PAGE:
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Fighting Story: Author | Albertina | Rosalina | Valentina

Lives of Girls (Rosalina Malungana)
Fighting Story


25 June 1995, Facazisse

R: But [laughs], there's another thing. . . . Eee! In our race, there was another thing, well, now, that came from over there, far away, [the land of] Ngungunyana, before we were born here. It already existed, that thing. It was [pause], we [pause], eeh, in the white race, there's no such thing. It doesn't exist. It's only in the black race, like here, Magude, Chibuto, Xai Xai, Guijá, Mazimhlopes, Bilene-Macia. . . . It's really, really, really [done by] the Shangaan. The Chopi, they don't have it. Mmm. Mitsingi. They don't have it. But in our race, the Shangaan race, even there, in Manjacaze. . . . I don't know if it still exists now, but there are some, yes, they say that there are some who are doing that. There was a story, that went this way. A woman—she has two membranes, you know? A girl is born, doesn't she have two little things that are there, by the clitoris? . . . Well, those mitsingi, in our race, you always had to be pulling those things, to make them grow. And then when they grew, well, there was a story, it said this. The woman who didn't have that, had no value for the man. She's not a woman. [laughs] Because the man likes that thing. Girls did that, to satisfy the man, because men liked it. . . . [laughs] Only the one who had that, hee! He really liked her! You begin when you're small, around ten years old. But especially around twelve, you start pulling those things. Twelve years, thirteen, fourteen, fifteen. As soon as you see that it's already, already a little long, well, you leave it. Eee! You've eaten, you're sitting there, and then, you go—that thing, you pulled it in the bush, in a hidden place, hiding by yourself! Mmm. [Each girl] had to find a hiding-place to do that! But afterwards in the river, those who were jokers, they say: "Yaaah, I'll show you, because mine are already big!" [laughs] Heh!! Ah, long ago, it had a story, you know! It was our mothers, who told us this story. "Eh, if you leave yourself alone, if you don't do that, ah! Your husband will think little of you, because you don't have that. Who wants a little hole covered up like that?!" [laughs] . . .

28 January 1996, Facazisse


R: Those things, eh, you have to be stretching them all the time. Mmm. There's even a medicine for that. To drink, and to burn, to put on them. It's made with those bats, mmm! [laughs] Those wings, that they spread. You kill them. To take off the feathers. . . . You spread out those wings in the sun. They dry. Then, you put them in the fire. You take the burning coals from the fire, then when [the wings] are dry, you put them there, to roast. They become like this, black. Then, you grind them, to make them into powder. Eh. But you have to find a place, very hidden! In the woods! Alone. And, there's a pot, a very small one, this size [R shows with her hands]. And there's a tree, called ndzenga. Mmm. You dig in the ground there. You dig, you dig, you dig, you dig. You pull the root there. You cut it. You put it [somewhere], it dries out. You grind it. . . . You put it in a little pot, where you pour water, to drink. Put it there in the bush, hidden! Cover that thing, the pot, with a nkambana [small clay dish]. . . . And then, it's to drink. It helps those things. When you're like this [R gets on her knees], you put that stuff on, your hands do this, and you work like this, to pull them. You pull, you pull, a little at a time, this way. Every day. When you finish eating at midday, you have to go out to the bush, to do that. In the morning, when you get up, you have to get up, fetch water, wash, and then, you go there, to hide. There you have the powder, from the bats. There you have powder, made from leeches. . . .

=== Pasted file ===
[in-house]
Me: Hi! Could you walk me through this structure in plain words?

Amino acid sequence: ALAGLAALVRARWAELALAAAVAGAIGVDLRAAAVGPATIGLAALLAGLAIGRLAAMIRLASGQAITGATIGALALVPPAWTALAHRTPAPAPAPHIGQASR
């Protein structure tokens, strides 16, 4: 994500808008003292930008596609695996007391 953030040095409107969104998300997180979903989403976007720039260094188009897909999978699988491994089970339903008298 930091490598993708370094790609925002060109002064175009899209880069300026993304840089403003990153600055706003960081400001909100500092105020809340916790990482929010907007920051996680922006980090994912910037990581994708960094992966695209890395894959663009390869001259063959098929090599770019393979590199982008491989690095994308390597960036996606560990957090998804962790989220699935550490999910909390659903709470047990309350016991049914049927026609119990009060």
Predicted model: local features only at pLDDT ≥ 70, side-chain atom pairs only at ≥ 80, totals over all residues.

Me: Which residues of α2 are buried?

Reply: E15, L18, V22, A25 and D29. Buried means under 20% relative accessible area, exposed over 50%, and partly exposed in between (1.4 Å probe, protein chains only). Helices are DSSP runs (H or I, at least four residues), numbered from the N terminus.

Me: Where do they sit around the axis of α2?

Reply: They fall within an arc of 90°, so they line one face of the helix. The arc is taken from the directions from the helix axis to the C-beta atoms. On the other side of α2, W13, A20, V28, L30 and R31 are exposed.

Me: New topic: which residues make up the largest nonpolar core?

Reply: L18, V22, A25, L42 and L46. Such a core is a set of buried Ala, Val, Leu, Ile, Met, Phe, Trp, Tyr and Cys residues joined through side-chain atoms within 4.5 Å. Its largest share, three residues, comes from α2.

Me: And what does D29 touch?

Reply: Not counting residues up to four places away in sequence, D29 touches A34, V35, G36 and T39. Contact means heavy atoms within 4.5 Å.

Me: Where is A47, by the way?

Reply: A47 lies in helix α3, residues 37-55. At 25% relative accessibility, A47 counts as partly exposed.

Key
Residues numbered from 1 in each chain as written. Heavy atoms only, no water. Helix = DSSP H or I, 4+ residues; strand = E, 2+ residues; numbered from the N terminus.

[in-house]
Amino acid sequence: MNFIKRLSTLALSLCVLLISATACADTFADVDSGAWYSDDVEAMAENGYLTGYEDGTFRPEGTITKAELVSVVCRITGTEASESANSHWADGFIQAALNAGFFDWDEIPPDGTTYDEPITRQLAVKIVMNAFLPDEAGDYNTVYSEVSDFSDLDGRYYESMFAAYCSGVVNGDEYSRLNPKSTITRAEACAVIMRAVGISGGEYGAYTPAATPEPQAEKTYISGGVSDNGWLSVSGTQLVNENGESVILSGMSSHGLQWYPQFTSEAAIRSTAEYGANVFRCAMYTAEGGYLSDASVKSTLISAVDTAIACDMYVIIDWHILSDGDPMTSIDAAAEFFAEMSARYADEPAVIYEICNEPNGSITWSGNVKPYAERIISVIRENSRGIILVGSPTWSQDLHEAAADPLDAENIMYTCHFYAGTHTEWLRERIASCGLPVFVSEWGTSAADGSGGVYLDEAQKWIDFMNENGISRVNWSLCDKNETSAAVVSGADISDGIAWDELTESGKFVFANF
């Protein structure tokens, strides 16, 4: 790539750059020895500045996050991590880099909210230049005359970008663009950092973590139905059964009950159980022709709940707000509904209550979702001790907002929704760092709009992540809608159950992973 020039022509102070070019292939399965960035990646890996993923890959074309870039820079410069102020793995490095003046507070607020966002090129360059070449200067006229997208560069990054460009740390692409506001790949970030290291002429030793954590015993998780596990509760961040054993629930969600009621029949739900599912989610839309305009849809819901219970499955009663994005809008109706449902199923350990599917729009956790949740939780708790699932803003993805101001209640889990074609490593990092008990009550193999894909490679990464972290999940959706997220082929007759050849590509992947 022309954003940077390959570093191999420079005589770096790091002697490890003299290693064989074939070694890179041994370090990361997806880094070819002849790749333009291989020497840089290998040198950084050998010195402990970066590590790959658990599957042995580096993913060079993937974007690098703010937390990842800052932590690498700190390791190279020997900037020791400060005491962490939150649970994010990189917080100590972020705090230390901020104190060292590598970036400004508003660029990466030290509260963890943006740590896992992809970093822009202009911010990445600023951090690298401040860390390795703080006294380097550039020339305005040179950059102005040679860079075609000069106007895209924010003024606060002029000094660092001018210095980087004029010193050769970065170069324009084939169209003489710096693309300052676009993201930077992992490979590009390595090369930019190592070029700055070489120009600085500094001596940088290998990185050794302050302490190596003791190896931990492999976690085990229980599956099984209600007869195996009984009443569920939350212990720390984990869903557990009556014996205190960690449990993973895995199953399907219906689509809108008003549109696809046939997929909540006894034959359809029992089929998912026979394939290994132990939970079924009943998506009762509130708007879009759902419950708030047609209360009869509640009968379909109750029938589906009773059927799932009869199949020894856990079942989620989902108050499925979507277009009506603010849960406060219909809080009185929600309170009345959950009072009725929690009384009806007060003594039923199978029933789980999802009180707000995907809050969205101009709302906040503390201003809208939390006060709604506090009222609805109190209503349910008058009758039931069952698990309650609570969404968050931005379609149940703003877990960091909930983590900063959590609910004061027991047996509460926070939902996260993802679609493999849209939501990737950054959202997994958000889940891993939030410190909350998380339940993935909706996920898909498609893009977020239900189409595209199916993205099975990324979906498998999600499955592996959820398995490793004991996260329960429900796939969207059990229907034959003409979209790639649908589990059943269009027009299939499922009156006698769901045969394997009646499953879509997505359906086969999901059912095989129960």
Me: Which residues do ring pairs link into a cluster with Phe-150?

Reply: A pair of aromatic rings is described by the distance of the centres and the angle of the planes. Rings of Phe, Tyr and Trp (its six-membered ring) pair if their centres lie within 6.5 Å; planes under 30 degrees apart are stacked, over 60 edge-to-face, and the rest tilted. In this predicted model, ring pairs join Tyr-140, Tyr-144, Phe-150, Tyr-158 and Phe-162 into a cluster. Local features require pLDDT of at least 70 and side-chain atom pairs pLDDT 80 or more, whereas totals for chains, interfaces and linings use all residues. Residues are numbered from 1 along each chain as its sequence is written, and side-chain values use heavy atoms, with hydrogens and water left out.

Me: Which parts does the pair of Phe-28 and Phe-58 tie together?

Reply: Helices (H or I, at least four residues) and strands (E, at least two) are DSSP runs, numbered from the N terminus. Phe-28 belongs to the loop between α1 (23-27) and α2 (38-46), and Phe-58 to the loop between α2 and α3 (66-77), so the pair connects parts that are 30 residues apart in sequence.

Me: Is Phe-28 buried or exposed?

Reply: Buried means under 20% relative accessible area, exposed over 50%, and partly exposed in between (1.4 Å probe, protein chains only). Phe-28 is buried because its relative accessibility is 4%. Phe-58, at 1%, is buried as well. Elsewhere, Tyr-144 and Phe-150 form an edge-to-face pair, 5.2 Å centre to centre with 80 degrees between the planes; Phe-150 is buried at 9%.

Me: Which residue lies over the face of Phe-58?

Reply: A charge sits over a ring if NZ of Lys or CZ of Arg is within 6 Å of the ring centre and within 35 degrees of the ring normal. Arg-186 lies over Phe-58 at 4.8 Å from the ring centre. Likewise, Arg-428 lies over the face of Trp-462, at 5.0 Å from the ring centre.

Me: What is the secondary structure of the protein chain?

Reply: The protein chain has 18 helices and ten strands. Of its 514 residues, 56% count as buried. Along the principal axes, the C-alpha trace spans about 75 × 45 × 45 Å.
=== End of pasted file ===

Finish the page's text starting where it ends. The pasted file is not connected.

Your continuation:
When you see a leech, you get a little stick, you do this, and he grabs the little stick, thinking it's a person. And you go over there, in the sun, it dies with the sun. Then, you take it home, to burn it there. That thing is a good medicine!... One day, you use the bat. The next day, you have to do it with the leech. Eeh. Those things really stretch your mitsingi! Eeh. Even, until they're this long! [R indicates length, approx. 5-6"]. . . . Well, you go to do it alone, to the woods. But when you have a friend, you know that she's my friend, and she too does this, sometimes we invite one another. "Eh, let's go out to the woods! Let's go out to the woods!" Maybe two or three of you. "Ah, let's go out to the woods, to play!" We go there, and one sits here, the other sits there. First, you have to do this, to cover, with your nguvu [cloth], like this. That's so later, we can show who has the biggest! Eeh. You pull, you pull, you pull, you pull, you pull, you pull, you pull. A lot of time, you're doing that! With powder, rubbing it on. Then, the time comes. "Eh! Let's show each other! I want to see if yours are bigger! Who wants to go first?" "Me, I want to show them!" [R lowers her voice:] You take off your nguvu. "Here they are." And then the other one looks. "Yee! Sheee! Hee! Hey! Yours are big!!" [laughs] "Mine, they're very small! That Malungana, she really pulls!" "Ah you, [they won't grow long] if you don't pull them every day! Mine are big because every day I go out [to pull them]!" . . . At twelve years old! Eh-heh! Twelve, until fifteen, I was like that. . . .